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Good Questions

I was being interviewed by an 8th grade boy from a nearby Catholic school whose assignment was to speak with a member of another faith or church tradition and try to understand the differences and similarities. I've done several of these in the past., and enjoy answering the questions. I'm also careful to explain that after 500 years many of our core beliefs as Catholics and Protestants are actually very similar. Even so, I shared about the critical ideas that sparked the Reformation, summed up in the five "solas." Sola Gratia (grace alone), Sola Fide (faith alone), Sola Scriptura (Scripture alone), Solus Christus (Christ alone); and Soli Deo Gloria (to the glory of God alone). When we were close to finishing I asked one more time, “Do you have any other questions?” “No,” the boy said, but then turning to his father, “Dad do you have any questions for Pastor Steve?” That was a first! The father seemed caught off guard by his son’s remark: “No, I don’t have any questions for Pastor Steve.” The son pressed further then looked at me, “My dad’s an atheist,” he added. I smiled and tried to look un-surprised. Then the father proceeded to tell me about his un-belief; and yet his respect for Jesus and his moral teachings. I get that a lot. He also said that his wife was a strong Catholic, but did not share her beliefs. I think he raised an eyebrow when I challenged him to keep asking questions. I shared with him that I too have occasional questions for God, and that questions have helped me find answers. I invited him to give me a call if he ever wanted to talk further before they walked out the door.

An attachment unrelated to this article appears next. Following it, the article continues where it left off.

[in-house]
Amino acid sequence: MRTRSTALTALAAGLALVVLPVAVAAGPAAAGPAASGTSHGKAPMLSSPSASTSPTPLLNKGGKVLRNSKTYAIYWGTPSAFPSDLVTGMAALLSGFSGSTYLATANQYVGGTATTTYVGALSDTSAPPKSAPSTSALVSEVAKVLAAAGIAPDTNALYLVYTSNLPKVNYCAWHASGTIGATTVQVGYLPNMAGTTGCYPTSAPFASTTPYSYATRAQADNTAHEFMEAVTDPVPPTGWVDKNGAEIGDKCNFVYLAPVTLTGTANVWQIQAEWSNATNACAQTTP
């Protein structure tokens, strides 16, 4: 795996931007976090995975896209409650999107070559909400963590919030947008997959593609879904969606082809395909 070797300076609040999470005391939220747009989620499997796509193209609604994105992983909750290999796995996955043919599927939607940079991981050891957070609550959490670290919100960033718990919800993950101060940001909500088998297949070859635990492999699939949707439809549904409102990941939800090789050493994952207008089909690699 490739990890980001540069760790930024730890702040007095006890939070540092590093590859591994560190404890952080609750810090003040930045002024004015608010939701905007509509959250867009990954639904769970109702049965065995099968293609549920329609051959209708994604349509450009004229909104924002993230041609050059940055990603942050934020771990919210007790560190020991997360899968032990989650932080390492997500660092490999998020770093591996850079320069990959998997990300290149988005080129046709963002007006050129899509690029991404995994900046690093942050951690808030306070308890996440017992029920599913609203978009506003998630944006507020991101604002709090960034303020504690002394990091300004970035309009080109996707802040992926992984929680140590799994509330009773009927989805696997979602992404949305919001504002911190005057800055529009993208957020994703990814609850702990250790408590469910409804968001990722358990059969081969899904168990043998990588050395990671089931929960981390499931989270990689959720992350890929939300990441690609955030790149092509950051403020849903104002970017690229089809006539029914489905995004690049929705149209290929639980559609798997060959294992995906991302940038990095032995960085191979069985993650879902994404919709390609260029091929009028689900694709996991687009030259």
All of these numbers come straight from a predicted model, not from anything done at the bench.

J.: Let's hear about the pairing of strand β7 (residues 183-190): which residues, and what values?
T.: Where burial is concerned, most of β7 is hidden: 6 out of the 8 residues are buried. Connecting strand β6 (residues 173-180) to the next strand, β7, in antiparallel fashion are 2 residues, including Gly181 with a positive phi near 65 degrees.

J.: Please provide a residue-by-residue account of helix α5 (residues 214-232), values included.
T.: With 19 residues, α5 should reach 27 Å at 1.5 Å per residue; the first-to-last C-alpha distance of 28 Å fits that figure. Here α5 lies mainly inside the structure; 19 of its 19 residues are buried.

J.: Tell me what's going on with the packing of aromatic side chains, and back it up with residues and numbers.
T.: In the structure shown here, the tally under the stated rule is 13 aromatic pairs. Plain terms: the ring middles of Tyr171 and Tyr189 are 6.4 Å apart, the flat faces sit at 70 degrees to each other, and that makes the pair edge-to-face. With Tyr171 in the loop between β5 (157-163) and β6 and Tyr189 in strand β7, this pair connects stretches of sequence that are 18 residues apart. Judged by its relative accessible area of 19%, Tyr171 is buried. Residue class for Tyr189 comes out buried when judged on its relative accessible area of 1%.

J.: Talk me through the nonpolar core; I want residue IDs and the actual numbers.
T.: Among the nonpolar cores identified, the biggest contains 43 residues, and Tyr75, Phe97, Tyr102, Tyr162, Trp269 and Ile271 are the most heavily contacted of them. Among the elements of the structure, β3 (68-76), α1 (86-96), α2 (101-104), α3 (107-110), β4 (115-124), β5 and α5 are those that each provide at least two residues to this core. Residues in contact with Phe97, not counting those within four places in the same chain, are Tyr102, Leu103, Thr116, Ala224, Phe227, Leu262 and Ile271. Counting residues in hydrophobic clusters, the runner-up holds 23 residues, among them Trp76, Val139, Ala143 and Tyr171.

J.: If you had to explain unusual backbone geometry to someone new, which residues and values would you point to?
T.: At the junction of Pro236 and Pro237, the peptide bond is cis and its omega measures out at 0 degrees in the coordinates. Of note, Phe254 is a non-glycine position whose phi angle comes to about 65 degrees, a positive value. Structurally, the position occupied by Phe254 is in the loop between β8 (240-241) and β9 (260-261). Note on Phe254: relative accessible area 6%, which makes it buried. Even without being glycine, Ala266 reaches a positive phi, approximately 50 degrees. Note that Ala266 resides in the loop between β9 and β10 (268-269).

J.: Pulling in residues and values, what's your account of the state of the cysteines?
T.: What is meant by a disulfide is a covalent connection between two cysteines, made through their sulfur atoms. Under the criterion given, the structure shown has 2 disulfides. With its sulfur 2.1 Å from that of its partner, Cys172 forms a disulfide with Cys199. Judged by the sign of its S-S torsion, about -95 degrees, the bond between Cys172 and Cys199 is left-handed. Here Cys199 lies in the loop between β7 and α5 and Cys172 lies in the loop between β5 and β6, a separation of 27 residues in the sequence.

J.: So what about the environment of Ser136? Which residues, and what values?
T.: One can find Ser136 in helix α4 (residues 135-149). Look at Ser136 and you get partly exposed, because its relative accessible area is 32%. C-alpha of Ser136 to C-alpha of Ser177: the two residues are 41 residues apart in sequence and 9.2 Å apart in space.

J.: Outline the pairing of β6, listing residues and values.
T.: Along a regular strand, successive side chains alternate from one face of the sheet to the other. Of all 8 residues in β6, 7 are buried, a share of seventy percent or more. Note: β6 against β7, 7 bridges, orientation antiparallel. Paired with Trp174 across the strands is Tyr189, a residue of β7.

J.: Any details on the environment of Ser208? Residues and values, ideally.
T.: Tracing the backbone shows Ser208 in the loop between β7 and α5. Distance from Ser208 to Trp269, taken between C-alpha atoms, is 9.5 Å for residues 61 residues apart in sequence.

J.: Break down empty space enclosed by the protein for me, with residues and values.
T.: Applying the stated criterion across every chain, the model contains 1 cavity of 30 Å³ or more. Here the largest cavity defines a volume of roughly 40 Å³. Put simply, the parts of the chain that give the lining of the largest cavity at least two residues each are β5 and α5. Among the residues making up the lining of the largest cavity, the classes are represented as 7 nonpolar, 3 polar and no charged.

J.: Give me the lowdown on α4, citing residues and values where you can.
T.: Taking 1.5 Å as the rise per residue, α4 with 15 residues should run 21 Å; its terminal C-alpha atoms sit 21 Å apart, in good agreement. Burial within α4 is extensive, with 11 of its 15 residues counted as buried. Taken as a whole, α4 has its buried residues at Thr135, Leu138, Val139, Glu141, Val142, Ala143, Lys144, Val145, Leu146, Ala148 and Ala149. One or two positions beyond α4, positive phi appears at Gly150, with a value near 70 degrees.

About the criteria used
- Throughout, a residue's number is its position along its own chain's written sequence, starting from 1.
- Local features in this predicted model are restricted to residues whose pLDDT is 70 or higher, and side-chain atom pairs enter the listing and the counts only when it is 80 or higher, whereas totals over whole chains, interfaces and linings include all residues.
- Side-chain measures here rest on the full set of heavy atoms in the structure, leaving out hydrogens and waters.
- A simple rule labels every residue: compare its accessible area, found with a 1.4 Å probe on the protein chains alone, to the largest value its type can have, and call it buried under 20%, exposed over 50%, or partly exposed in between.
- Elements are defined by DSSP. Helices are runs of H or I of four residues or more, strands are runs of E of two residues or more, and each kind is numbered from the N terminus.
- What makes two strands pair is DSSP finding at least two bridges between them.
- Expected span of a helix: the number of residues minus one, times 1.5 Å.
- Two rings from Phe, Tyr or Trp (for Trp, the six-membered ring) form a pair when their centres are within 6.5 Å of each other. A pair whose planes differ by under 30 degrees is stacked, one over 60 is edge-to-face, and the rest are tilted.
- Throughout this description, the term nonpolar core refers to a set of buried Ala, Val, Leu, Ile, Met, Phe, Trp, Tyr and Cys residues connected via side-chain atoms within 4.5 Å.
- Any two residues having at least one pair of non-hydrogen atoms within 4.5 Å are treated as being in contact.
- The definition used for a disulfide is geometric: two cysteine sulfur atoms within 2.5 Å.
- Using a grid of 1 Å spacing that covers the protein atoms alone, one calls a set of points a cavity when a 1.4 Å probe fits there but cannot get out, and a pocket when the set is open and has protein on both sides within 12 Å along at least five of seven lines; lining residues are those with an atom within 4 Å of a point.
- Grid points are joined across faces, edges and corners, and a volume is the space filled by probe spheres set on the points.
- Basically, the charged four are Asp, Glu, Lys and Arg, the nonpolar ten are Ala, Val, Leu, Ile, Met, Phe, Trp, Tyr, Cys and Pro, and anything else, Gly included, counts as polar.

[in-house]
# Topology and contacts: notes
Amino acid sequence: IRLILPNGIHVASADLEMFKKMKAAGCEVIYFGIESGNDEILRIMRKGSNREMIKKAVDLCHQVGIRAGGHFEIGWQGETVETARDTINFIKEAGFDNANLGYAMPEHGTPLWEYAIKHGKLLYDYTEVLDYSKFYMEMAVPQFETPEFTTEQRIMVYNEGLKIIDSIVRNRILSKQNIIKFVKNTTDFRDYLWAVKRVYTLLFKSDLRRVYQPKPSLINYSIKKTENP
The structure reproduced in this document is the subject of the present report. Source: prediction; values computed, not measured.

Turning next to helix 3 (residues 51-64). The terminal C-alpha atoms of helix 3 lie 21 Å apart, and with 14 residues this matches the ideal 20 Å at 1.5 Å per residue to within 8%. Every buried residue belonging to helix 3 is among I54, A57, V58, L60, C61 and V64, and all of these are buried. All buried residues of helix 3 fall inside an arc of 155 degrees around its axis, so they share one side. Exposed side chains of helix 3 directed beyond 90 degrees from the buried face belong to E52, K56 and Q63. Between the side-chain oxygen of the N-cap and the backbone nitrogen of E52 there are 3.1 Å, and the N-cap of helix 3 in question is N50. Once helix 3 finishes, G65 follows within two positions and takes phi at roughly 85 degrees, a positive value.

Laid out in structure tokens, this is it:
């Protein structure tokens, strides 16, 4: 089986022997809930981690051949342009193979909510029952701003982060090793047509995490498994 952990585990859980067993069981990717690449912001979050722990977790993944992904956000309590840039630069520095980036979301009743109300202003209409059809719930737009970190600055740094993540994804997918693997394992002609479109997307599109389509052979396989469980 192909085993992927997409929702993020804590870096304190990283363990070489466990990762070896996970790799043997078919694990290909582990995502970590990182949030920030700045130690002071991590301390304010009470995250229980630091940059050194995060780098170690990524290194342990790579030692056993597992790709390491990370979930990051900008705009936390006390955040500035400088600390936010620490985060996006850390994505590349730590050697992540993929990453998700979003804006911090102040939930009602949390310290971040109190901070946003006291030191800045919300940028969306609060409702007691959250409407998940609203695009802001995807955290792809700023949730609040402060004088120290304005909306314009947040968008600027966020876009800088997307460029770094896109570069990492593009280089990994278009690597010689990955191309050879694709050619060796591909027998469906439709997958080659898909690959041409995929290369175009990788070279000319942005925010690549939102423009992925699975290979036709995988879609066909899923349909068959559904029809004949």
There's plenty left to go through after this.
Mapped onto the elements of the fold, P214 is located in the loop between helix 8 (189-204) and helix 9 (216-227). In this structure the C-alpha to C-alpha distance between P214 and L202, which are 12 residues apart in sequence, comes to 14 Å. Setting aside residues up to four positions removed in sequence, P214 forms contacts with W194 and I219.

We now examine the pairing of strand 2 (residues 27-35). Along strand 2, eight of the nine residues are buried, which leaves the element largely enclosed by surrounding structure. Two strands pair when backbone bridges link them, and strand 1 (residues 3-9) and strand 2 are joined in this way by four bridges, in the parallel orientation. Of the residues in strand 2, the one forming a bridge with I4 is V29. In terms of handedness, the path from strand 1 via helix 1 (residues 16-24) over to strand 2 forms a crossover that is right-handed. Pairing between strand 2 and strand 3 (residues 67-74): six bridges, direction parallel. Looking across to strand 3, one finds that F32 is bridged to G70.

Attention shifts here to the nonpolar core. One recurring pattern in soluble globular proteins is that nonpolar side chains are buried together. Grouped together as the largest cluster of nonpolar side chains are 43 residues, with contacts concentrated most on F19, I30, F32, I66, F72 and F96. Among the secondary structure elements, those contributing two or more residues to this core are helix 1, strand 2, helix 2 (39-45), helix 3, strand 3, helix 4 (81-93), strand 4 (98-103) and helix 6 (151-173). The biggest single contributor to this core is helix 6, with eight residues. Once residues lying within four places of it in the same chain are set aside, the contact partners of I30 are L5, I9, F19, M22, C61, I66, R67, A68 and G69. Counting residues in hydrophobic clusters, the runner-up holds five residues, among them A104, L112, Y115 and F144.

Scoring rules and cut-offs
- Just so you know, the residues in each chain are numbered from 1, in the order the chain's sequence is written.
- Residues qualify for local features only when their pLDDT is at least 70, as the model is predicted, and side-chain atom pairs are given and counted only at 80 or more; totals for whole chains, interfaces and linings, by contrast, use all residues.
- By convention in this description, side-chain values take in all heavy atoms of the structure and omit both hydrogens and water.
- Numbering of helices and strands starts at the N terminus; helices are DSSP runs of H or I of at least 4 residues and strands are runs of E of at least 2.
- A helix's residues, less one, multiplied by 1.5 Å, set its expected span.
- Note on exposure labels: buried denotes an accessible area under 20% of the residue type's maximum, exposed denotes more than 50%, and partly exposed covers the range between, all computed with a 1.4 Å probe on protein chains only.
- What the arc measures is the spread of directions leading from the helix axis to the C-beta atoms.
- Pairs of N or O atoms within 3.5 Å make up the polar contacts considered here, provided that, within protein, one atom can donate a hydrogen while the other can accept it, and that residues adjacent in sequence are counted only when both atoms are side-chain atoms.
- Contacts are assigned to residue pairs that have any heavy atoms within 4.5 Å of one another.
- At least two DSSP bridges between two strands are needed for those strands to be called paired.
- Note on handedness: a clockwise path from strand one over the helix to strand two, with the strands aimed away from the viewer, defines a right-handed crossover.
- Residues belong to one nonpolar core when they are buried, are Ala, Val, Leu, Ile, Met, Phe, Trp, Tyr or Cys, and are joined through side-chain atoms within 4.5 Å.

The Christian Reformation, whose 500th anniversary we are celebrating today, began when a few people started asking some very good questions. Among the 95 objections Luther had against the Medieval Church, complaints which he nailed to the door of the Wittenberg Cathedral, Luther questioned why the church was selling indulgences. Indulgences were contributions that one could make to the church with the promise that dead relatives would be freed from the fires of purgatory. Luther objected to this distortion of the gospel message, rediscovering as he read the book of Romans that salvation is a free gift, offered to us by God’s grace alone through faith alone in what Christ has accomplished for us (Romans 1: 16-17).

Luther, Calvin, and other Reformers also questioned why the Bible could not be translated into the language of common people. At the time, the Scriptures were in Latin and inaccessible to all but the educated priests. Luther dared to remedy this situation by translating the Bible into German. Luther’s bible sold five thousand copies in the first two months, the first mass media in history.

The Reformers also questioned the infallibility of papal authority, and said that the only rule of faith and practice was Scripture. Moreover, the Reformers emphasized that Christ alone was the mediator between God and human beings; and that it was his once-for-all sacrifice that cleansed us from sin. They therefore questioned the idea that one must confess to a priest before receiving absolution from sin. Each of us may boldly approach the throne of grace through Christ with confidence that we will receive grace and help in time of need (Hebrews 4:16).

John Calvin also underscored the truth of “the priesthood of all believers,” (1 Peter 2:9), catapulting the church into a new phase of shared leadership, no longer dominated by clergy alone. Just as Copernicus, a contemporary of Luther, proved that the sun and not the earth was at the center of the known universe, the Reformers re-oriented the constellation of the church around the grace and power of the Son of God and his ever-reforming work in our lives.

The Reformation was all about asking good questions. Questions, as I explained to my atheist friend, are not to be avoided, and they are no hindrance to spiritual discovery and insight. Jesus and his word can handle our deepest and most difficult questions, and when we take the time to listen to the doubts and questions of those who come to us from outside the church, or from within, we are honoring Jesus who said, “and you shall know the truth, and the truth shall set you free” (John 8:32). Hope to see you soon…


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